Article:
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The very worst nightmare scenario is an inflexible and buggy system that cannot be maintained after the original developer has moved on. That can happen even when you bought from a big company you thought was making a long-term commitment.

Oh, absolutely. However, given the extremely variable quality of open source software over the years, it would be a brave man who'd claim there's an additional level of magic to the whole community dev system that eliminates that risk.

The best scenario is a thriving developer community who will maintain a system and respond to support needs. That's where "generic" products score well: lots of people are interested enough to participate.

I completely agree when it comes to generic, free-to-use stuff. The whole open source dev community system can work very well under those conditions, partly because the numbers required are available, and partly because all the additional non-source information required is available.

If you can't have a full-blown dev community, you should at least have a maintainable software base. Full openness is your best protection against a complete botch-job. Even if noone else takes an interest, the mere possibility of it will concentrate your developer's mind.

The problem here is full openness is, in many cases, never going to be possible. There'll be business logic in there that clients may well be extremely reluctant to allow into the public domain (e.g. "Hey, here's exactly how our pricing works"), and the chances of getting real test data are, for the most part, precisely zero. In short, open source is one thing, open company is something entirely different.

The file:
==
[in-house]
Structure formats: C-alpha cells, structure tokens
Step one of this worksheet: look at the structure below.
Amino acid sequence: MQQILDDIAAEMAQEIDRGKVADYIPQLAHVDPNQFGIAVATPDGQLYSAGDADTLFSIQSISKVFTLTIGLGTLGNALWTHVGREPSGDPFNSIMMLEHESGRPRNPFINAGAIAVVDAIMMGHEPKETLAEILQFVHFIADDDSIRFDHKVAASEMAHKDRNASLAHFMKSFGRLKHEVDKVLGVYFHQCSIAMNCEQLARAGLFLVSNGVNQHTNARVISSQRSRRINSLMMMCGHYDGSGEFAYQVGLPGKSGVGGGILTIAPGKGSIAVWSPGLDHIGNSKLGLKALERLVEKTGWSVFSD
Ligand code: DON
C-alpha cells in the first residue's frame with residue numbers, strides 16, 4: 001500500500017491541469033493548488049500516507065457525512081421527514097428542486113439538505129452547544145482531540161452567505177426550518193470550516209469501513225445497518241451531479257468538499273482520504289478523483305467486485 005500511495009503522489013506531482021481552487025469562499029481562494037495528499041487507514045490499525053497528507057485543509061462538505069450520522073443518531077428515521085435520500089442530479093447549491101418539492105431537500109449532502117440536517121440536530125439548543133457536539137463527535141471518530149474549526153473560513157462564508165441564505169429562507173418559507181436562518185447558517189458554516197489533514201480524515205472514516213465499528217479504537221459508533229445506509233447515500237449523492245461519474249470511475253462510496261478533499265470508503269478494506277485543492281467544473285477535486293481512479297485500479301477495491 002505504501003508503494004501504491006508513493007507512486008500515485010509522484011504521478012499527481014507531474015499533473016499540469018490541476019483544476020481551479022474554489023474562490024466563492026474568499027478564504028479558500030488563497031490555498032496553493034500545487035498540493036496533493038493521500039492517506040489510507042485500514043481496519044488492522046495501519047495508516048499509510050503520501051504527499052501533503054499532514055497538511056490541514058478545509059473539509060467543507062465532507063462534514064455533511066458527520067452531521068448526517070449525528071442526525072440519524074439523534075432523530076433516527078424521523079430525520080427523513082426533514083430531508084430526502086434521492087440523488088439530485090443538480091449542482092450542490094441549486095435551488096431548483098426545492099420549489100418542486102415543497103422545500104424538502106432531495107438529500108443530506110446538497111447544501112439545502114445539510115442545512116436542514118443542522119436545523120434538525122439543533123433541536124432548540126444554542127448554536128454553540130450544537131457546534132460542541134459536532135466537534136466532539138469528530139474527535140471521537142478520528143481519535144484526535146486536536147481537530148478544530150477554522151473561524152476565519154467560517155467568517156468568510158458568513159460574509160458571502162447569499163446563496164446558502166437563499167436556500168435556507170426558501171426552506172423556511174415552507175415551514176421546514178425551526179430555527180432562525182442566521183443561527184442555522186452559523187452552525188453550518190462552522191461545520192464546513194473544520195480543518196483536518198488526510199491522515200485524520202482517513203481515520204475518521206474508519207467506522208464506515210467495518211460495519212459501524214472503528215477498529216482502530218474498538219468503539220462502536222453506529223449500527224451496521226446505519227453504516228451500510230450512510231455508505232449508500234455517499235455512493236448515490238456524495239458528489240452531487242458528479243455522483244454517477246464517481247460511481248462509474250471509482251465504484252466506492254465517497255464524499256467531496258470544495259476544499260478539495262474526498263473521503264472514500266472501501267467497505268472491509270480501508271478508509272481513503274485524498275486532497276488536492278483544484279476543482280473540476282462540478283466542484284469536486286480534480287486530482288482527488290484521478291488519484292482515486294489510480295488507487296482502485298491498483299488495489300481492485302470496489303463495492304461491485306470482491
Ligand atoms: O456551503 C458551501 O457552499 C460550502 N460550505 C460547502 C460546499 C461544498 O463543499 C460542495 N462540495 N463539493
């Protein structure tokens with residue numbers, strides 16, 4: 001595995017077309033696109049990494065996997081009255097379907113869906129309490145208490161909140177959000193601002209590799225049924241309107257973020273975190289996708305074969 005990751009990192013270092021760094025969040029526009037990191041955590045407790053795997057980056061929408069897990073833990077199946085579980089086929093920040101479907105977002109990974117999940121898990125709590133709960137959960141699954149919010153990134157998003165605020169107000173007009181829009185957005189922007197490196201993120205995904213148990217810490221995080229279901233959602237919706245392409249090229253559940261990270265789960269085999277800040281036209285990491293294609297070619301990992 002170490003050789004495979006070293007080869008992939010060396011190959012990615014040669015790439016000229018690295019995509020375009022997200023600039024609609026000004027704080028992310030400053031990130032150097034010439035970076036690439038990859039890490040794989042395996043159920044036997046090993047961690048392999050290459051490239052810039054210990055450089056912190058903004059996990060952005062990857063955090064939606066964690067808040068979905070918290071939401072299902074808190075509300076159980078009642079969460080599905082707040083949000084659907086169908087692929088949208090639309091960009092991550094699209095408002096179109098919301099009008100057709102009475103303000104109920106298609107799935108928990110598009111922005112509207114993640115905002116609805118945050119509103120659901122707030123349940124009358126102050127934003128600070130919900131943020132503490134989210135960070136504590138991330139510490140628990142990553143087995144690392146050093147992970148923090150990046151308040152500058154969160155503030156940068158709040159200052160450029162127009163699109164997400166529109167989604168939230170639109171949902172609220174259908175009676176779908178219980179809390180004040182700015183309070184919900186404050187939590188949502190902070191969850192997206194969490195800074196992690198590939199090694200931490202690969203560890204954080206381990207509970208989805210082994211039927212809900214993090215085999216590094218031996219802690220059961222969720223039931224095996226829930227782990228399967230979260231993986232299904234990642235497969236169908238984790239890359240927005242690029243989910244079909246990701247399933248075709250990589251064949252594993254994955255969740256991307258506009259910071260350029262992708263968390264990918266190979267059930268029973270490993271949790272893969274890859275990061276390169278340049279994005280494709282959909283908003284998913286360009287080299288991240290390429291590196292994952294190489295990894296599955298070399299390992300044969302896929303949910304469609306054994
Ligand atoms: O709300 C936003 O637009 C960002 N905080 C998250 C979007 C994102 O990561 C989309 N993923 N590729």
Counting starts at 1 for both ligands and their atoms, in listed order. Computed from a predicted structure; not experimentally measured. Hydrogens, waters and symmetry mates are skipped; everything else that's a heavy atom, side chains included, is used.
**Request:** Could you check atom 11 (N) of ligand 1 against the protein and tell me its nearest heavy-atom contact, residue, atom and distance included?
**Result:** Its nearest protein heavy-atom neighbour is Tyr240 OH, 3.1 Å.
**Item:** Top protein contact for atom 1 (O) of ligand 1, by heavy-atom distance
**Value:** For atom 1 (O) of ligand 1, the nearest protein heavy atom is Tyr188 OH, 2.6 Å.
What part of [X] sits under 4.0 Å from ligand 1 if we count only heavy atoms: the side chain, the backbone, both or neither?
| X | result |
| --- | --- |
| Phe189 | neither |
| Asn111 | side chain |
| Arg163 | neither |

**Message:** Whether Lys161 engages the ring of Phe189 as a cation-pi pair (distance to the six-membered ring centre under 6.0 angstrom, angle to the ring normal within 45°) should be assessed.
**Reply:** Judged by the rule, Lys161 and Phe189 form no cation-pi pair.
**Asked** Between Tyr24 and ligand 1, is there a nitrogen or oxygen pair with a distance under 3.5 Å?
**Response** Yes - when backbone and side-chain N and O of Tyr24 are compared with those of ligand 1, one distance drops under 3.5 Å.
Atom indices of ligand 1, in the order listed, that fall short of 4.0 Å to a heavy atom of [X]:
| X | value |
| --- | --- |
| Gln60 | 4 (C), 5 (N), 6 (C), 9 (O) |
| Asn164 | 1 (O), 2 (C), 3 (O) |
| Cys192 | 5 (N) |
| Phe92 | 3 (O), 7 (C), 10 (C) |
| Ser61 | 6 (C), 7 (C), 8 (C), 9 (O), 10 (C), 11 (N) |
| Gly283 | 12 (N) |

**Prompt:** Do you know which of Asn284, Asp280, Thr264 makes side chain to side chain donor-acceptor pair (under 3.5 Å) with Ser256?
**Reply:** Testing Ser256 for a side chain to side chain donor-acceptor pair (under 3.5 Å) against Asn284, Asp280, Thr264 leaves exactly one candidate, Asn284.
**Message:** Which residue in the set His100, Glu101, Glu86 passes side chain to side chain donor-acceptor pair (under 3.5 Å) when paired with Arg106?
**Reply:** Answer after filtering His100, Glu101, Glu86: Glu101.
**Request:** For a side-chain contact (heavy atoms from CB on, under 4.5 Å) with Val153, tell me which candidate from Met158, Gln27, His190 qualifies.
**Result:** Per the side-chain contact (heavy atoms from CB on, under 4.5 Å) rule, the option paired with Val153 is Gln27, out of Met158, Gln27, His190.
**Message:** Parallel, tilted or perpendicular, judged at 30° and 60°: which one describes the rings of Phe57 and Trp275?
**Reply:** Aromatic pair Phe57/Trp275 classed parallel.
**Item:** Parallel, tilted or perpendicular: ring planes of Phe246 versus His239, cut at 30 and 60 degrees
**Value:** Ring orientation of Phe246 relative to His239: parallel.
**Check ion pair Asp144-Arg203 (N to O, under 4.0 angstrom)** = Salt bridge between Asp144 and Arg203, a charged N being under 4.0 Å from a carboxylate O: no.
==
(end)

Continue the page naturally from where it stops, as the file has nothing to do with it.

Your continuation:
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You pay for software?

When it isn't free, yes, most of us do, it's the law. Although personally I use free versions where appropriate. It's still so sad that many of low moral fibre have no qualms about breaking the law. They don't even think it is wrong. I've given up arguing with people on this one, save it for the judge when they finally catch up with you.

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Ive flown with B.A. on several occasions. Their staff are rude and unhelpful. The flights over-priced. The seats/leg room the worst of any long haul carrier.

Some things aint worth saving.

Let them go bankrupt and a better airline will take its place.

Hooray to the downfall of B.A.

If you fly long haul to asia, try Thai airlines. Even in cattle class the service, comfort etc was very very good.

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Ive flown with B.A. on several occasions. Their staff are rude and unhelpful. The flights over-priced. The seats/leg room the worst of any long haul carrier.

Some things aint worth saving.

Let them go bankrupt and a better airline will take its place.

Hooray to the downfall of B.A.

If you fly long haul to asia, try Thai airlines. Even in cattle class the service, comfort etc was very very good.

I'm sure BA staff and their families wish you all the best as well...

IT staff at BA working for free...ha ha me thinks not. The majority of IT staff at BA are not particularly skilled and the contractors do the most of the work.

Flight pricing read up on revenue management. They won't always be the cheapest but it is dependent on the market at that particular time. They can't compete on price with some carriers due their heavily unionised, legacy cost workforce.

Having flown all over the world with various airlines I can promise you BA are definitely not the worst but appreciate Middle Eastern are good (money no object) and Far Eastern are very customer focused (cultural). Now let's talk North American airlines...